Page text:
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Richard Janssen GmbH v. Sacramento Packing, Inc.

United States District Court, E.D. California

November 6, 2019

RICHARD JANSSEN GmbH, a German limited liability company, Plaintiff,
SACRAMENTO PACKING, INC., a California corporation Defendant.



         Plaintiff Richard Janssen GmbH (“Janssen”) brings this action against Defendant Sacramento Packing, Inc., (“SacPac”) alleging that defendant failed to deliver thirty-five containers of walnuts in breach of three separate contracts. Plaintiff also alleges that defendant fraudulently induced plaintiff into the contracts because defendant never intended to perform. Before the court is defendant's Motion to Dismiss and Request for Judicial Notice (Docket No. 7.)

         I. Factual Background

         Janssen is a German company and worldwide marketer of dried fruit, nuts, and fruits and vegetables. (Compl. at 1, ¶ 1.) SacPac is a California corporation that, among other things, processes, packages, and distributes agricultural commodities, including walnuts. (Compl. at 1-2, ¶ 2.)

         Janssen sought to purchase walnuts from SacPac to fulfill orders Janssen had procured from Lidl, a large German supermarket chain. (Compl. at 2, ¶ 7.) Prior to agreeing to any sale, the parties allegedly discussed the walnut specifications Lidl sought, “as well as the materiality of Lidl's specifications to any transaction.” (Compl. at 2-3, ¶ 7.) Plaintiff allegedly informed defendant that “if the walnuts did not meet Lidl's specifications, Lidl would reject the deliveries.” (Id.)

         The parties thereafter allegedly entered into three separate purchase contracts for the purchase of walnuts. (Compl. at 3, ¶ 8). Under the first purchase order (“First Contract”), identified as RJ-2018-14, defendant was to ship ten container loads of light, 40% pieces and halves, light color Chandler U.S. No 1. (Compl. at 3, ¶ 8(a).) Under the second purchase order (“Second Contract”), identified as RJ-2018-22, defendant was to ship fifteen containers of the same product after completion of the first shipment. (Compl. at 3, ¶ 8(b).) Under the third purchase order, identified as RJ-2018-24, defendant was to ship ten containers of the same product after completion of the second shipment. (Compl. at 3, ¶ 8(c).)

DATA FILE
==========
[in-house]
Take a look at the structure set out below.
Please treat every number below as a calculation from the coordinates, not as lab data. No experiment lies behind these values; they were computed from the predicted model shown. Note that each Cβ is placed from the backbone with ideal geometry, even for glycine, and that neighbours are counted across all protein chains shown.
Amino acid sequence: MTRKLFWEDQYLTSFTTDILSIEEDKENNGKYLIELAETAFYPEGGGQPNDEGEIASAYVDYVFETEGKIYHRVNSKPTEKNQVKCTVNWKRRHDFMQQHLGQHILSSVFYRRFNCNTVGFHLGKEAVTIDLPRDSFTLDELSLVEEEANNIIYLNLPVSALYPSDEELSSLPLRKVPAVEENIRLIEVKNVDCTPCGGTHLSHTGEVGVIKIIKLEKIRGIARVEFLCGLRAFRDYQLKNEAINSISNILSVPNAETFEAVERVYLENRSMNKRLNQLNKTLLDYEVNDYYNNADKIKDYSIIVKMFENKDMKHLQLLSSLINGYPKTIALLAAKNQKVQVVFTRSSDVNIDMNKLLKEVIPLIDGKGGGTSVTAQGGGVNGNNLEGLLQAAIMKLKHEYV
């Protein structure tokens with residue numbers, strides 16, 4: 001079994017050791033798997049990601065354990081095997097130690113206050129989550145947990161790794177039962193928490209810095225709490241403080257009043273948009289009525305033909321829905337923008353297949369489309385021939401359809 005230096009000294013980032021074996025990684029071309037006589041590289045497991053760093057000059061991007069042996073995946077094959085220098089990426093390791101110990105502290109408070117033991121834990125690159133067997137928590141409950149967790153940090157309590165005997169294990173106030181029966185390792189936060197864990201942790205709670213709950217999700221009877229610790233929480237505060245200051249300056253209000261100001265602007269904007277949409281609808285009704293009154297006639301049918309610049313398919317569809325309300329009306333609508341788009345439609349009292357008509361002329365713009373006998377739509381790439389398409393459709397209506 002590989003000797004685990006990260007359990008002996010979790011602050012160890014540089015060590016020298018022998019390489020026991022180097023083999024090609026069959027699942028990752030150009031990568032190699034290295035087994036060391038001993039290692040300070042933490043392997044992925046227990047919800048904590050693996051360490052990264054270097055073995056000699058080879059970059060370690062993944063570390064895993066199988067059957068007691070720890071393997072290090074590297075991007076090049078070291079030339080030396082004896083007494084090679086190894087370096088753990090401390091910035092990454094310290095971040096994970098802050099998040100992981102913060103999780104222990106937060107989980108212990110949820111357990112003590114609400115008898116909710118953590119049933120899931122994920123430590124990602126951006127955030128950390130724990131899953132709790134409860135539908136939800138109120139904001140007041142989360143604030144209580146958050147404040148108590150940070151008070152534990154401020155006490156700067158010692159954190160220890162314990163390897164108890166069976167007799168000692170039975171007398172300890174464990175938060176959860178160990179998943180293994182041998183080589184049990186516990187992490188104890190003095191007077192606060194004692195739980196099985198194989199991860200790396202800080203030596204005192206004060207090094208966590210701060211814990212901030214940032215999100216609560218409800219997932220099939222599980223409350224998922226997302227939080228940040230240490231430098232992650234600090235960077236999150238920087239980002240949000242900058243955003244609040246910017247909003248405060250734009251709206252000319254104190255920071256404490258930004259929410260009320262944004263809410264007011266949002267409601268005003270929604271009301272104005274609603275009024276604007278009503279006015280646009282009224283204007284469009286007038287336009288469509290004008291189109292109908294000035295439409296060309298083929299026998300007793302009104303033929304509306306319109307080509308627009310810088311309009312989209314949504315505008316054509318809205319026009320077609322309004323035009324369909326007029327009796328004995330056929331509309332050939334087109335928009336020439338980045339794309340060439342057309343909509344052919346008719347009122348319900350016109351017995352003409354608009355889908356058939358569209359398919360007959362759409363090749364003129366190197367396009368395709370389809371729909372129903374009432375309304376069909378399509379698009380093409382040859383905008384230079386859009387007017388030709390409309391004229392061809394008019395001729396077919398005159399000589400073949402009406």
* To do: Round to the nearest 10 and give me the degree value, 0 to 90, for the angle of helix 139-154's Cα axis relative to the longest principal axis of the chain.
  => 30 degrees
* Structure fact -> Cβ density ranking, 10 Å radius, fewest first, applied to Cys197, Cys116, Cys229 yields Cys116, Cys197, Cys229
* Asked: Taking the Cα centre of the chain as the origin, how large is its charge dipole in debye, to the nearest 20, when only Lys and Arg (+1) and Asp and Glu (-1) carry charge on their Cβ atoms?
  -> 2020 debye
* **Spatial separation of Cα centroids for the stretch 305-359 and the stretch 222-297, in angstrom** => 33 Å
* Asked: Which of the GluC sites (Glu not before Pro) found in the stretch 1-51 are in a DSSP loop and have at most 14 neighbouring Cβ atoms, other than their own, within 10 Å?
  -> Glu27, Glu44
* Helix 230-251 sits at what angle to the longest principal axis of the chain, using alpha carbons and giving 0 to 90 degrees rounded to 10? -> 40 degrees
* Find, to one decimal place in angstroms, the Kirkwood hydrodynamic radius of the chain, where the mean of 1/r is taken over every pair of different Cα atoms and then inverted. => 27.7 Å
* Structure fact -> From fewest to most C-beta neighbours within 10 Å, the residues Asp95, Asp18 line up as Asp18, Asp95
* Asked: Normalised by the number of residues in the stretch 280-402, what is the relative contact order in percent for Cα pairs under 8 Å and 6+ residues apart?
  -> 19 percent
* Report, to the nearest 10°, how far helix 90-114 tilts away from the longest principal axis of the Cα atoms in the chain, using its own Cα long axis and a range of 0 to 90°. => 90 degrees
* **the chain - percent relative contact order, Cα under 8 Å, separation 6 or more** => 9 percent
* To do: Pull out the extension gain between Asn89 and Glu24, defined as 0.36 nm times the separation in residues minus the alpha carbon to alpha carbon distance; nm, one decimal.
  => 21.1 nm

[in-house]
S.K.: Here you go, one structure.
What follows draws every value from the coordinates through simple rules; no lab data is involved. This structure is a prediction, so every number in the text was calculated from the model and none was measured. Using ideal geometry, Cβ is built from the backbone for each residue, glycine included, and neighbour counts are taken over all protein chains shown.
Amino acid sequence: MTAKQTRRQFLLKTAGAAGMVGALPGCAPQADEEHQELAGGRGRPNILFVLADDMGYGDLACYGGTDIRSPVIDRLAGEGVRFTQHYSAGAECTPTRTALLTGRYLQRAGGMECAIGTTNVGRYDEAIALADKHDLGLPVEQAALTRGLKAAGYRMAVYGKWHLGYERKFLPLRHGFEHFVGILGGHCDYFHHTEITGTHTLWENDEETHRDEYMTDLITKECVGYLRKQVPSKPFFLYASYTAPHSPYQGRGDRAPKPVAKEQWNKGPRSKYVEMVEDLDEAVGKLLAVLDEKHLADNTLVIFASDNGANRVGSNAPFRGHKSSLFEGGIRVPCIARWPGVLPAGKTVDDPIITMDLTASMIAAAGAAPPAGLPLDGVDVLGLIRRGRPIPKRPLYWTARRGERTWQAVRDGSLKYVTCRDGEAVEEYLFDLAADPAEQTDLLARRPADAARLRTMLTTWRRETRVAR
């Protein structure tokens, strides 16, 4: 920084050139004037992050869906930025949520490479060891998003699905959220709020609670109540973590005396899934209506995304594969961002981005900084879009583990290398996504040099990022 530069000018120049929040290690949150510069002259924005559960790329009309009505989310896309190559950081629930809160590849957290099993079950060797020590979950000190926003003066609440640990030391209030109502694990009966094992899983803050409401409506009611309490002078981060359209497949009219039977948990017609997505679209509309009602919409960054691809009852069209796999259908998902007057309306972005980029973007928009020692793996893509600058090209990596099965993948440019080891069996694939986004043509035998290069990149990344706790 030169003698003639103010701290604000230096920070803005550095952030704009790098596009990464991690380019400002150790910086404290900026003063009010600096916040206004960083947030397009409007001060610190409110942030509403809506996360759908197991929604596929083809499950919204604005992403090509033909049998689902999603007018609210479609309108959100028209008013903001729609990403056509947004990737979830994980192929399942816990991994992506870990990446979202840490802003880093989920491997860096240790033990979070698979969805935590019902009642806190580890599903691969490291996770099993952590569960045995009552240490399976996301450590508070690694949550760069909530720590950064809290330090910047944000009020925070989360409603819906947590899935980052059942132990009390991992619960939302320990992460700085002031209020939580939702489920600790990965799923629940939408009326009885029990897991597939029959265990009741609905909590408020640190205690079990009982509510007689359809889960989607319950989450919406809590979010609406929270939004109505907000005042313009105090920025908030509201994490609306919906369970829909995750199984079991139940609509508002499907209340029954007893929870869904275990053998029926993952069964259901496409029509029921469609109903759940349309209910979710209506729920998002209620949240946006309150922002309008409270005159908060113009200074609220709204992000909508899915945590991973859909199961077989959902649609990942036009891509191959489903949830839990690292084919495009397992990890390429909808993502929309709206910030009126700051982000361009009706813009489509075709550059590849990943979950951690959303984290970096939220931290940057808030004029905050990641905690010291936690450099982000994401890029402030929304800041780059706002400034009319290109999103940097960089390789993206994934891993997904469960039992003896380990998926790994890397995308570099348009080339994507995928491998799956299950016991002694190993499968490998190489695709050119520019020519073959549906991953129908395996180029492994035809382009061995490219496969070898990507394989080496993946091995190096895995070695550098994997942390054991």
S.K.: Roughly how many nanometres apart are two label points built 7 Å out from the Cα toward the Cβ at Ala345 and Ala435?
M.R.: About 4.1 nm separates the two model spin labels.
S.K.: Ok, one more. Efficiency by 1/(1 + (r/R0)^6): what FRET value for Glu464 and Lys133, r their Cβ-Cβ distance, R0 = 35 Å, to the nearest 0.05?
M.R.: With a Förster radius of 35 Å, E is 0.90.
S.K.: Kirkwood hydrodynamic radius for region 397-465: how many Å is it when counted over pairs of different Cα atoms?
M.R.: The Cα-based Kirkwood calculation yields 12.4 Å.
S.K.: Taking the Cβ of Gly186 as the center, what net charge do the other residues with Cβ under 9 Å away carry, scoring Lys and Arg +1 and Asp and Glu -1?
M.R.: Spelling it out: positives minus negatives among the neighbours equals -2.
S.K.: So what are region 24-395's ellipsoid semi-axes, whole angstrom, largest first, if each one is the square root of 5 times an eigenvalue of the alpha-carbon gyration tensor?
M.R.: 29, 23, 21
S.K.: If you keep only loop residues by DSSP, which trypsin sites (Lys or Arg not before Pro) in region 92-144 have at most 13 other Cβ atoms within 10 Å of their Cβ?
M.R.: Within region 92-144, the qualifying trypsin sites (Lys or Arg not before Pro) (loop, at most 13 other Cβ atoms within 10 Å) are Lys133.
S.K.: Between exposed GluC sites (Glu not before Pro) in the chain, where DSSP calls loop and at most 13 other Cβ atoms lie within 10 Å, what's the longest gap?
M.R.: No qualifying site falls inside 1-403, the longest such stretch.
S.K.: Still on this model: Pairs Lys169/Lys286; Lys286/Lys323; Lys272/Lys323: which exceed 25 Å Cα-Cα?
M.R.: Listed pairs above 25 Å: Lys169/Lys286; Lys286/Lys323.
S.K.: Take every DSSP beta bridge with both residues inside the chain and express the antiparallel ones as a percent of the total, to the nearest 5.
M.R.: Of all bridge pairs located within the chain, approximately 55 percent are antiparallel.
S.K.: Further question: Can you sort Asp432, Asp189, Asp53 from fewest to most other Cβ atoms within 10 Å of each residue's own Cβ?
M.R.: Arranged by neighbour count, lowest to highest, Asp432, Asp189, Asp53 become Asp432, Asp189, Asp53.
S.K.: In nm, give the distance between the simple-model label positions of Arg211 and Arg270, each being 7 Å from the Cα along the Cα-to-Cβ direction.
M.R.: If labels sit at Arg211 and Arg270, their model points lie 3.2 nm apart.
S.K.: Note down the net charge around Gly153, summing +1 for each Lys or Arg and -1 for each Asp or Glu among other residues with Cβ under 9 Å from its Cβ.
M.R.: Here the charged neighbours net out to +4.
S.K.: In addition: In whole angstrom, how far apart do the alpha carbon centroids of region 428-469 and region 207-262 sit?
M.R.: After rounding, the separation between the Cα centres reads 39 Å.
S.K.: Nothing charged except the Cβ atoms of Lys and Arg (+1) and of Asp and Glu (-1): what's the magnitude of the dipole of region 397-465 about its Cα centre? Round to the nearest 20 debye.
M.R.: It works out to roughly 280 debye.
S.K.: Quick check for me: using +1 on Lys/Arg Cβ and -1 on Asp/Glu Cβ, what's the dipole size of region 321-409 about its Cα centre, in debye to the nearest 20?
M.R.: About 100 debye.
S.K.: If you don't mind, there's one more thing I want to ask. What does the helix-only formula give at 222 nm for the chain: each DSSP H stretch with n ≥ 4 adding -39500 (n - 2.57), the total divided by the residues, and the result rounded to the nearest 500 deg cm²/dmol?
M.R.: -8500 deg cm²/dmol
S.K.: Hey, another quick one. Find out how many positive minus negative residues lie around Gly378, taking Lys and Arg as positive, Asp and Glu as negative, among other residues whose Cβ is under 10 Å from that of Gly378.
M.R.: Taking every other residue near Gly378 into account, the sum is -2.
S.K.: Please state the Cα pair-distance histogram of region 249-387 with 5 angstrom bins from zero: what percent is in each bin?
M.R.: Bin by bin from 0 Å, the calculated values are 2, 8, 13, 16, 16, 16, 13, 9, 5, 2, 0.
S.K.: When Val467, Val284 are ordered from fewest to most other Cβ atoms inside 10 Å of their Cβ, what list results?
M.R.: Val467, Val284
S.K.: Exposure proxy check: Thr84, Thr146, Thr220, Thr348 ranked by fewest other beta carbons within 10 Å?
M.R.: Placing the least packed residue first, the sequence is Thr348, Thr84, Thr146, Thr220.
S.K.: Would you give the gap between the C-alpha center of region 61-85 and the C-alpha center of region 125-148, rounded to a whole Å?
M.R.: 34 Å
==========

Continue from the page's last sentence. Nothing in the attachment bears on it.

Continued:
Each of the purchase order agreements was subject to the following “Terms & Conditions”:

Quality of the goods must be in accordance with USDA/DFA terms and the product specifications attached. If Lidl's test results are out of spec., seller will have 3rd party analyze 2 more library samples. If analysis is still out of spec., seller has to pay EUR 0, 30/kg for pasteurization.
Seller must provide all analyses prior to shipment. BL's must be issued to Lidl Stiftung & Co. Requirements outlined in appendices must be fulfilled.

(Compl. Exs. A (“First Contract”), B (“Second Contract”), C (“Third Contract”).) The specifications list attached included, among other things, limits on the concentration of shell pieces, as well as color and appearance parameters. (Id.)

         Plaintiff alleges that defendant shipped to plaintiff ten containers of walnuts. (Compl. at 4, ¶ 10.) Janssen then delivered the containers to Lidl. (Compl. at 4, ¶ 11.) Lidl proceeded to reject the containers for failing to conform to the specifications in the purchase agreement. (Compl. at 4, ¶ 12.) According to plaintiff, the walnuts had an excess of shell fragments, and did not meet the color and appearance requirements listed under the specifications. (Compl. Ex. D at 4 (Docket No. 1-4).) After plaintiff notified defendant of the rejection, plaintiff allegedly conducted an inspection of the containers and concluded that the walnuts indeed were nonconforming. (Compl. at 4-5, ¶ 13.) Defendant allegedly has not delivered any more walnuts to Janssen. (Compl. at 5, ¶ 14.)

         Plaintiff alleges that it had to pay a third party to clean, repackage, and re-deliver six of the ten containers it received from SacPac to get Lidl to accept the containers. (Compl. at 5, ¶ 15-16.) Plaintiff also alleges that it sold the other four containers delivered under the First Contract on the secondary market. (Compl. at 5, ¶ 15(b).)

         Because Janssen has shipped only nine of the thirty-five containers it expected to ship under the three purchase orders, Lidl has allegedly covered for seventeen of the missing containers. (Compl. at 6, ¶¶ 23, 24.) Lidl has allegedly informed Janssen that it intends to backcharge Janssen for the difference in cost acquisition. (Compl. at 6-7, ¶ 24.)

         Janssen's damage allegations under the First Contract include the cost to store, clean, re-pack, and redeliver six containers, the Lidl backcharges for the four container Lidl covered, and lost profits on those four containers. (Compl. at 8, ¶ 34.) Under the Second and Third Contracts, Janssen alleges damages equal to the Lidl backcharges for containers covered by Lidl and lost profits on those containers. (Compl. at 9, ¶ 40; 10, ¶ 47.)

         Janssen alleges that defendant behaved fraudulently because defendant represented that it “would provide walnuts which met the agreed upon specifications, ” but “never intended” to do so. (Compl. at 11, ¶¶ 50-51.) According to plaintiff, the false representations were made knowingly or “recklessly and without regard for its truth, ” and defendant “intended that Janssen would rely on the representations.” (Compl. at 11, ¶ 52-53.)

         Janssen alleges four causes of action: three for breach of contract, ...

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